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I served in Berlin, Germany as a military intelligence officer from December 1988-May 1992. When I first arrived, I was filled with excitement and anticipation. I was embarking on a new adventure and assignment, awed by the significance of the U.S. Forces Berlin military occupation mission dating back to 1945. This was after all, West Berlin, an historical, international city surrounded by the infamous concrete wall. Since 1961, the Wall signified the separation of the city into two parts--one free and increasingly prosperous in the West, the other enslaved and deprived under the tyranny and brutality of Communism in the East.

The reality of the "divided and surrounded city" hit me almost immediately. My U.S. carrier flight had to transverse Communist territory using one of three designated air corridors to reach Tegel International Airport in West Berlin. I had the opportunity to tour the Berlin Air Safety Center where flights were monitored by representatives of the Four Powers--the U.S., UK, France and USSR. By land only one ground corridor tightly controlled by the Soviets was available to Allied personnel, and another by rail allowed for egress from West Berlin to the Federal Republic of Germany (FRG) on one of the Allied Forces duty trains. We were permitted to drive into East Berlin through Allied Checkpoint Charlie to exercise our right of access.

For those of us in uniform assigned to West Berlin during the Cold War era, we had to reconcile ourselves with the fact that just beyond the Wall lay our enemy under heavy arms. Within the city, hostile intelligence agents and their recruits mingled among us, attempting to steal our secrets surreptitiously, or with the help of traitorous Westerners. My first duty station was at General Lucius D. Clay Compound, named in honor of the American Military Governor after World War II. Clay Compound was home to the Headquarters of the U.S. Command Berlin, the U.S. Diplomatic Mission, the 766th Military Intelligence Detachment (my unit), and other intelligence organizations. It was my unit's responsibility to detect such activity referred to as Subversion and Espionage Directed Against the U.S. Army (SAEDA). I later commanded a company of military intelligence soldiers at the former U.S. Army Field Station Berlin (FSB) in Teufelsberg after "The Fall of the Wall". Teufelsberg, the highest point in Berlin (120 meters), is a man-made land mass created by the debris and rubble cleared from the city during reconstruction after World War II. We referred to Teufelsberg as "The Hill". I was assigned to the Field Station when it ceased operations forever. Both organizations were still dealing with the aftermath of the espionage committed by U.S. Army Warrant Officer Hall while he was assigned to FSB. Berlin's dark history of espionage and counterespionage are the subject of many books, and movies. It was the primary occupation of all sides during the Cold War in Berlin, referred to as "the city of spies".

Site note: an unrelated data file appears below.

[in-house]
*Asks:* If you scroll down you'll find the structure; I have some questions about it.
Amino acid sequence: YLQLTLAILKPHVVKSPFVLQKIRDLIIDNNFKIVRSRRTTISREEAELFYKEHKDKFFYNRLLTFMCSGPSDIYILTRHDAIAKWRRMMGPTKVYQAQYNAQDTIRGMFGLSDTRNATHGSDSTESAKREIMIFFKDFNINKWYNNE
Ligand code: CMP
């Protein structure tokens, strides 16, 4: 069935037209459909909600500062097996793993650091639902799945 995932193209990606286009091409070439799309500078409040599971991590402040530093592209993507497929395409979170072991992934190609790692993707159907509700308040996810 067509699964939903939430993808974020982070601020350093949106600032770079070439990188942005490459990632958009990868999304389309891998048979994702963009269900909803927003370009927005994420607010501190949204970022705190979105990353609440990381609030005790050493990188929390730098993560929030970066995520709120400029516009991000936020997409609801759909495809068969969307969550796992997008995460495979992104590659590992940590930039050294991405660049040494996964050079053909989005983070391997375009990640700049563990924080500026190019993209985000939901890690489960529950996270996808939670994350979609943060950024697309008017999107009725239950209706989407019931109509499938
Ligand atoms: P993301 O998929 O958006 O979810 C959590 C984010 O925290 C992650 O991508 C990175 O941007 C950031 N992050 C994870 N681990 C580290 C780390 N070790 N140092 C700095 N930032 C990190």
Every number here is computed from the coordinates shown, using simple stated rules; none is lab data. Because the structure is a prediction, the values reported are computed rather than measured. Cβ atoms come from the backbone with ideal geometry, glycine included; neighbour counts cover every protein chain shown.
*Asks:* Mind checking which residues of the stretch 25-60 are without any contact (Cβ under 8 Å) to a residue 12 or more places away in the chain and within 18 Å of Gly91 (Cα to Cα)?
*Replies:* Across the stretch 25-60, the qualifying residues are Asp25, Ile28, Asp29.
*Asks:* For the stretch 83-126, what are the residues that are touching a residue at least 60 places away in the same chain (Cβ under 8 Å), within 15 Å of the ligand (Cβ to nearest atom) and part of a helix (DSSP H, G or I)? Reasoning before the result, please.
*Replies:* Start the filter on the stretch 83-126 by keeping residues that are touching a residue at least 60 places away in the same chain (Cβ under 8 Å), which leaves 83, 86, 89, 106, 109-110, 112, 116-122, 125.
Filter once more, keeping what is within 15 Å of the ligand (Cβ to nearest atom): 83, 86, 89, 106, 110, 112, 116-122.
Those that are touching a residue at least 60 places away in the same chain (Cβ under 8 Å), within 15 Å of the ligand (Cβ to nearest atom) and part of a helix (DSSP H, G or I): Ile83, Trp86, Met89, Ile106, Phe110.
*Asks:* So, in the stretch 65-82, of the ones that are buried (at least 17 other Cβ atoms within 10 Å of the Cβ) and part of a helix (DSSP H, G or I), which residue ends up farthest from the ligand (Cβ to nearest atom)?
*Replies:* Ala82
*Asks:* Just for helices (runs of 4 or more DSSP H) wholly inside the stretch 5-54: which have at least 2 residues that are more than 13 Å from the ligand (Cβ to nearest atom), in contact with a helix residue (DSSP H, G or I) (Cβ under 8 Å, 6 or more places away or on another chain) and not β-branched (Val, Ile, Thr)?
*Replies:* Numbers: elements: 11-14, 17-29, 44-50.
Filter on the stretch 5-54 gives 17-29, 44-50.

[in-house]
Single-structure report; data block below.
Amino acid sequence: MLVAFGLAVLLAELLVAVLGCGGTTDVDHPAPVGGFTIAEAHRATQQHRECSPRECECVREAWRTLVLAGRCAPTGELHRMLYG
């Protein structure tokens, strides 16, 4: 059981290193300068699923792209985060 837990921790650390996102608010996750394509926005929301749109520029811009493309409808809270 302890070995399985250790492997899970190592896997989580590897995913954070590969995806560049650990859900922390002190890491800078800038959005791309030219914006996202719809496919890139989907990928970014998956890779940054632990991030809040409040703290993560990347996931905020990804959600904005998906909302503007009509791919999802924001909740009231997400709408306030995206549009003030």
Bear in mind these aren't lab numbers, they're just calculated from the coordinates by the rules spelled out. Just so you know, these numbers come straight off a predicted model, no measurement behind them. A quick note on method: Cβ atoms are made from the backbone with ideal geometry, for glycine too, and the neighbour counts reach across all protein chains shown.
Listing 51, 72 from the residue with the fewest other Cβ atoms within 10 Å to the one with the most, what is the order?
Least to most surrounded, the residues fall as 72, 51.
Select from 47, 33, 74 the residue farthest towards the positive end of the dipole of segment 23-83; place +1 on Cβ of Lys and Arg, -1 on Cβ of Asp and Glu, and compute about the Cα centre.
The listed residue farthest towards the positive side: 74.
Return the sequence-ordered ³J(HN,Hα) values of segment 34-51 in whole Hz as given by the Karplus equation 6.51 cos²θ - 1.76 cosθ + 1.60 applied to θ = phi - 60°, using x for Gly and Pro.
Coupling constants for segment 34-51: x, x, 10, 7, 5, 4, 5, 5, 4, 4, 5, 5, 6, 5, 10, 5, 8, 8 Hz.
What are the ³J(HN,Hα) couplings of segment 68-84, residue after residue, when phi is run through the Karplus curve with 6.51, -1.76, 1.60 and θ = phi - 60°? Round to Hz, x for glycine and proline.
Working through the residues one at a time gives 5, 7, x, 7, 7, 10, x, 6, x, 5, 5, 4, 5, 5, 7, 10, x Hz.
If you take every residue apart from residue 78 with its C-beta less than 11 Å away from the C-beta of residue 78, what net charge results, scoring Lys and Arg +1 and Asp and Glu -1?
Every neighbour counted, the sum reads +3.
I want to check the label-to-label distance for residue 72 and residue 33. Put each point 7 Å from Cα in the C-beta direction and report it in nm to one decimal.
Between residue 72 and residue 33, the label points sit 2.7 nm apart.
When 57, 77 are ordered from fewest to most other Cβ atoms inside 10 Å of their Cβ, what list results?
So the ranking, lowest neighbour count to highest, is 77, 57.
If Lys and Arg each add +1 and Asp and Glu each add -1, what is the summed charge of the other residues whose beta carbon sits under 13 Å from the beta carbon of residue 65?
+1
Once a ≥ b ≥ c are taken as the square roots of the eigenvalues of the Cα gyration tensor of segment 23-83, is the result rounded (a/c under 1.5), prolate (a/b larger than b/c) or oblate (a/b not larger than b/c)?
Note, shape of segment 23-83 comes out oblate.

While in Berlin I was married to an Army military intelligence officer serving as a former Commander of the Joint Allied Refugee Center (JAROC). He was contacted in the event of an escape from the East or emergence of a defector. At the time we lived in a safe house which temporarily sheltered East Germans and others who were successful in their escape to the West. After debriefing, many were later flown out of the city for resettlement in West Germany. The Western Allies also investigated unsuccessful escapes such as the murder of Chris Geoffrey, killed on February 9, 1989. In commemorating the 20th Anniversary of "The Fall of the Wall" in November 2009, we should all remember that freedom resulted in the courageous stand taken by the German people in the East whose protests were the catalyst for change. Previous uprisings by striking workers resulted in a severe crackdown with many arrests by the State Security and People's Police Forces on June 17, 1953. At that time in history, the Western Powers were unable or unwilling to intervene outside of their sectors of occupation in response to the Soviet Commandant's declared state of emergency and show of force in the Eastern sector. This time, however, the vigilance and determination of the Allied Forces in the West, and abandonment of Soviet support for the East German regime under Erich Honecker helped prevent armed intervention and to facilitate the massive demonstrations which began in Leipzig, East Germany. The unrelenting protests led to the eventual lifting of travel restrictions on November 9, 1989. Political developments throughout Eastern Europe in the spring of 1989, beginning with Hungary opening its border with Austria, led to the opening of the frontiers between the two German states, ensuing flood of East German refugees, and escalating demands for freedom of travel. Eventually, these developments led to the collapse of Communism in Europe and the collapse of the Soviet Union.